The Transfiguration of Our Lord

by Crossings

Luke 9:28-36 (37-43)
The Transfiguration of Our Lord
Analysis by Ron Starenko

28Now about eight days after these sayings Jesus took with him Peter and John and James, and went up on the mountain to pray. 29And while he was praying, the appearance of his face changed, and his clothes became dazzling white. 30Suddenly they saw two men, Moses and Elijah, talking to him. 31They appeared in glory and were speaking of his departure, which he was about to accomplish at Jerusalem. 32Now Peter and his companions were weighed down with sleep; but since they had stayed awake, they saw his glory and the two men who stood with him. 33Just as they were leaving him, Peter said to Jesus, “Master, it is good for us to be here; let us make three dwellings, one for you, one for Moses, and one for Elijah” — not knowing what he said. 34While he was saying this, a cloud came and overshadowed them; and they were terrified as they entered the cloud. 35Then from the cloud came a voice that said, “This is my Son, my Chosen; listen to him!” 36When the voice had spoken, Jesus was found alone. And they kept silent and in those days told no one any of the things they had seen.

(37On the next day, when they had come down from the mountain, a great crowd met him. 38Just then a man from the crowd shouted, “Teacher, I beg you to look at my son; he is my only child. 39Suddenly a spirit seizes him, and all at once he shrieks. It convulses him until he foams at the mouth; it mauls him and will scarcely leave him. 40I begged your disciples to cast it out, but they could not.” 41Jesus answered, “You faithless and perverse generation, how much longer must I be with you and bear with you? Bring your son here.” 42While he was coming, the demon dashed him to the ground in convulsions. But Jesus rebuked the unclean spirit, healed the boy, and gave him back to his father. 43And all were astounded at the greatness of God.)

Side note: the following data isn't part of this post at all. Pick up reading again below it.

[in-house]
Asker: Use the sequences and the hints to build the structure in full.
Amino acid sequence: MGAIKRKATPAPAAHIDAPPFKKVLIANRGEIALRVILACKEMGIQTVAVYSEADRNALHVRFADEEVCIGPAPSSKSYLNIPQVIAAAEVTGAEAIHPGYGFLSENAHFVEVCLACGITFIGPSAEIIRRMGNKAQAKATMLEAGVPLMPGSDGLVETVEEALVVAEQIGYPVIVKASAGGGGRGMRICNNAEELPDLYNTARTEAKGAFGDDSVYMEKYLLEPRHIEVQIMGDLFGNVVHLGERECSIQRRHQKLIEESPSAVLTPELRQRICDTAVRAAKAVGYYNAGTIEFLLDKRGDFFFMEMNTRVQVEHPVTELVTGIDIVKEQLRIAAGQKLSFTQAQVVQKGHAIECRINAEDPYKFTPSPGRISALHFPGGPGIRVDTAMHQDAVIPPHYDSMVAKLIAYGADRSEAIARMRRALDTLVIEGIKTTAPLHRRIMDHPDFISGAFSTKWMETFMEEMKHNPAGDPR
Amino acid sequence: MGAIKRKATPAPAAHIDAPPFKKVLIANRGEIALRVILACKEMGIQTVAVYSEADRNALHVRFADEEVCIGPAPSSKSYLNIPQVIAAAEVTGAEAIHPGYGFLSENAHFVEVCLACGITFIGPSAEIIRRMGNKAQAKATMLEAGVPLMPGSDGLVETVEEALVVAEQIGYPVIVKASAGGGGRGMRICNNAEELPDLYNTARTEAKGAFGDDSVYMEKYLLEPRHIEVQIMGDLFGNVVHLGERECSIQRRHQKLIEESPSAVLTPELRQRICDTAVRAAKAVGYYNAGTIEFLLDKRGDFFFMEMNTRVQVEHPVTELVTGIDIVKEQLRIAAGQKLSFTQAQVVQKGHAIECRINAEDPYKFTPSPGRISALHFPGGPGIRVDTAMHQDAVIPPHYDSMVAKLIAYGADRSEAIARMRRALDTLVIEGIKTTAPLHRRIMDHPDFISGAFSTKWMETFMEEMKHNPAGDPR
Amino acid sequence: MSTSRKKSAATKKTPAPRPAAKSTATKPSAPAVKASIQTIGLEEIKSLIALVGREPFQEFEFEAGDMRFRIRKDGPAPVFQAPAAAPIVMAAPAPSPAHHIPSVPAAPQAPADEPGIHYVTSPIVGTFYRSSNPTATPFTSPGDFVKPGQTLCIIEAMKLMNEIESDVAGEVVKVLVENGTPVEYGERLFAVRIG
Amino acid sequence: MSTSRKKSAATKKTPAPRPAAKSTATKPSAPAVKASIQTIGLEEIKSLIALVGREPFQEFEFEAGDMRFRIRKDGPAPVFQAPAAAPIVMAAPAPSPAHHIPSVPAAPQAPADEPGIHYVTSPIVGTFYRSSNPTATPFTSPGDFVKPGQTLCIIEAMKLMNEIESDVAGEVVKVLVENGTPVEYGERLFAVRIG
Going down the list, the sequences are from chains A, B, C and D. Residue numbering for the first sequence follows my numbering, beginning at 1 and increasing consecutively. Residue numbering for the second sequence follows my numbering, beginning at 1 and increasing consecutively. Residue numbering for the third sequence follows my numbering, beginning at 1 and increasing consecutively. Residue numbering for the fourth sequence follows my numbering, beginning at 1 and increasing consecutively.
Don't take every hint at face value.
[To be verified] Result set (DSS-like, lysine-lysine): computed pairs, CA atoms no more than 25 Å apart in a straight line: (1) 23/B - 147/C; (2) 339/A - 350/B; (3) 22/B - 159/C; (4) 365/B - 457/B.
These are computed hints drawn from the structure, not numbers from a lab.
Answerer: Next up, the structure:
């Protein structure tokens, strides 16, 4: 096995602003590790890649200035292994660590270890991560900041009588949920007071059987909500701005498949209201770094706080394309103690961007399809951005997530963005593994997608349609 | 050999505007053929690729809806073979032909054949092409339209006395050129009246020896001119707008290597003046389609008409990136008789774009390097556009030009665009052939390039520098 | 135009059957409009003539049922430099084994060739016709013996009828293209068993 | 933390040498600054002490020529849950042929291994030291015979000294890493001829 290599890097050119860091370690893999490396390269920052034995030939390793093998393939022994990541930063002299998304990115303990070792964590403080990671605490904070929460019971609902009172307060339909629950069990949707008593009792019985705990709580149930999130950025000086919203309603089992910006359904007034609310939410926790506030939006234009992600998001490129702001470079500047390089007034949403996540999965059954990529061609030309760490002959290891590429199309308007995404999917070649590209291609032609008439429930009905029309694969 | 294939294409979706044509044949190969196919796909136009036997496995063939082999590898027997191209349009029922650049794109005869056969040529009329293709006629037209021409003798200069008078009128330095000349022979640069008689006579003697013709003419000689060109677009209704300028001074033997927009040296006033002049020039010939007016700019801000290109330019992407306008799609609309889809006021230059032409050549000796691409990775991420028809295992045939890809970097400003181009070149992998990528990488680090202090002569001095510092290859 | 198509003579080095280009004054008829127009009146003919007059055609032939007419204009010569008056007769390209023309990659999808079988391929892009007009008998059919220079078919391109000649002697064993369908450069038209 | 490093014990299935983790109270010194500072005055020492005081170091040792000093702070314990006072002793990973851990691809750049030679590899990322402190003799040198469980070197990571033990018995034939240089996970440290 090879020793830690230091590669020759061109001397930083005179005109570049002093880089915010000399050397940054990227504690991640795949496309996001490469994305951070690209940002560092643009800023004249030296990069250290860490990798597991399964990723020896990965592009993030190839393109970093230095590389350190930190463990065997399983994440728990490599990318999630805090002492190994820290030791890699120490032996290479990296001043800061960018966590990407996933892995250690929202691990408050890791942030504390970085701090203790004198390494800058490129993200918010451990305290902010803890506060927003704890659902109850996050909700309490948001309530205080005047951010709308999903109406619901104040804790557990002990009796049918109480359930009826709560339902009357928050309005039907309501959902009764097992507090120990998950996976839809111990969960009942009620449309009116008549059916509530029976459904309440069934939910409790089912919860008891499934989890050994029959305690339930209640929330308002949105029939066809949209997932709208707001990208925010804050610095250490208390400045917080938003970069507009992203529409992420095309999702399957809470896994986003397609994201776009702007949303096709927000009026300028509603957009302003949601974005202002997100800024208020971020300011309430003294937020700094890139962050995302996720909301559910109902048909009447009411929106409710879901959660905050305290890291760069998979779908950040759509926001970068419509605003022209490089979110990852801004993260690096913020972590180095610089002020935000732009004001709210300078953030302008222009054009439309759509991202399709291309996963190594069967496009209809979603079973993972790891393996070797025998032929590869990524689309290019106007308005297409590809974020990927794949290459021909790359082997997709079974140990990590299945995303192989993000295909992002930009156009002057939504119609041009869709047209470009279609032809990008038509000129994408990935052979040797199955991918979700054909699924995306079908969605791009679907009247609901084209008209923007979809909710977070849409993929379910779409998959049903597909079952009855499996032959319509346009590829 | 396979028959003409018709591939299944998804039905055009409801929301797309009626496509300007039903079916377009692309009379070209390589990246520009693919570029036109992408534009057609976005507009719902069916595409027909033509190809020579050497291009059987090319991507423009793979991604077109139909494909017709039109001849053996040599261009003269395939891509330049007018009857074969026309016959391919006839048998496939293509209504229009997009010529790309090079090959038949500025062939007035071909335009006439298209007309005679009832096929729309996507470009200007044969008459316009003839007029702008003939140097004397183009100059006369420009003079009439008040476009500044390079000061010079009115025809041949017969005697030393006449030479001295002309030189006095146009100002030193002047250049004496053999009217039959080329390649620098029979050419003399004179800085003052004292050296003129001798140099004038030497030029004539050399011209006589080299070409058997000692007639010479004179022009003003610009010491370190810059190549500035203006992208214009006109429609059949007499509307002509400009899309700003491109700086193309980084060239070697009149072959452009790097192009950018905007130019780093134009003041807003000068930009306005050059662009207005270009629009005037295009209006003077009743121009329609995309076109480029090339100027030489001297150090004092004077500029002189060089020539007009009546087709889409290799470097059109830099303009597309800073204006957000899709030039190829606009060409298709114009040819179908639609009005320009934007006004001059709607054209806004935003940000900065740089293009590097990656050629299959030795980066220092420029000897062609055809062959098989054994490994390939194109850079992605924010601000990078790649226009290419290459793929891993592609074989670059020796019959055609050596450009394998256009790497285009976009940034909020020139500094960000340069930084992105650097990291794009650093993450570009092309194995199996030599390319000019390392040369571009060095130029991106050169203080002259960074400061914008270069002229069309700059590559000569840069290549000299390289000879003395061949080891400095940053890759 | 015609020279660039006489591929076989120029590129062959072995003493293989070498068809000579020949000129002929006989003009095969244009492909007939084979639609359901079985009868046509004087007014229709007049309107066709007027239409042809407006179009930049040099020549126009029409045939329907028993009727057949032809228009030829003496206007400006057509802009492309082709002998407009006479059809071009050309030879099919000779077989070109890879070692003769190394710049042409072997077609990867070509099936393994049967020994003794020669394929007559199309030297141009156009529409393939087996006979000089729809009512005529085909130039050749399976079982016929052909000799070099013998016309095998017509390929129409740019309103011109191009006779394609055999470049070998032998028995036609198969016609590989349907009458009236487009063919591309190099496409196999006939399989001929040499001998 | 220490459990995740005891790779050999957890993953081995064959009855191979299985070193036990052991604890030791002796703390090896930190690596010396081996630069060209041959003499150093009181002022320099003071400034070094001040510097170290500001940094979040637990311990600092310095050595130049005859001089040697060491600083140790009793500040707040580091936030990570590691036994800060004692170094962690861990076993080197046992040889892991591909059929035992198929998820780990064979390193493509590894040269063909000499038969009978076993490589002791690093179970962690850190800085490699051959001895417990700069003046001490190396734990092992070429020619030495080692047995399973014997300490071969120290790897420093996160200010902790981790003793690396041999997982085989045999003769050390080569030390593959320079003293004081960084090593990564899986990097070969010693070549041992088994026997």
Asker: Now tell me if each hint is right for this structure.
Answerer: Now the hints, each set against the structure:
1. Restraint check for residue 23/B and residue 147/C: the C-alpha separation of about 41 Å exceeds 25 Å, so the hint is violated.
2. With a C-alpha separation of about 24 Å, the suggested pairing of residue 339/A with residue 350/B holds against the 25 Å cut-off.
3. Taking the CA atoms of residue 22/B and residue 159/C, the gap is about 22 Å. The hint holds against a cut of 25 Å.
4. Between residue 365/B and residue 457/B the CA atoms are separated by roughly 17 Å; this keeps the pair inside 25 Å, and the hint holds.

Author’s Note: The Epiphany season closes with a terrifying, yet comforting, experience, though the impact seemed to be momentary, as the disciples head down the mountain. At first, expecting glory in the wrong place, they are surprised by the final outcome. To get a handle on the Transfiguration story, the preacher has several options to consider, antitheses, e.g. Old Testament vs. the New Testament, law vs. gospel, discontinuity vs. continuity, nostalgia vs. awakening, all both/ands, two sides of the same reality, what is fading and what is emerging. What takes place on the Mount of Transfiguration is a bridge between what happens on Mount Sinai and Calvary Mountain, communicating a glory lost, a glory found.

DIAGNOSIS: Glory Lost, a Looking Back

Step 1: Initial Diagnosis (External Problem) : Tabernacle Building
The first impulse these amazed disciples have, following this spectacular vision of their transfigured Lord, is to build a monument. Today we call such building “the institutionalized church,” a later development. It is noteworthy that the early church met in homes. Gradually, however, cathedral-building grew out of a need to compete in the world with other institutions, a grasping for power. King David, for example, succumbed to the worship of power by building the temple, even when he was warned against doing it. Later, when the temple was destroyed, it was rebuilt. We continue inexorably hooked on capturing the past, some glorious moment, building tabernacles with a capital “T.” We look backward, hoping to overcome our fear of discontinuity.

Step 2: Advanced Diagnosis (Internal Problem) : Hooked on the Past
Behind our tabernacle-building is our enthrallment with Moses and the Law, the old covenant, an even more backward pursuit. In today’s second lesson (2 Cor. 3:12—4:2), St. Paul calls Moses, meaning the law, “a ministry of death” (2 Cor. 3:7), a “ministry of condemnation [that]…once had glory has [now] lost its glory” (2 Cor. 3:10). We have a need always to validate our past, if not in building buildings, then also, as the institutional church, coming down hard on the law, assuming the position of being the watch-dog for morality, fearing a loss of power, hooked also on preserving the past, as though that were the purpose and guarantee of our existence. Upholding Mount Sinai, elevating the Law, thereby collapsing the tradition, we become like the convulsing child described at the end of the gospel lesson, having “an unclean spirit,” becoming “a faithless and perverse generation” (Luke 9:41-42), a disfigured humanity, its glory fading, a further sign of discontinuity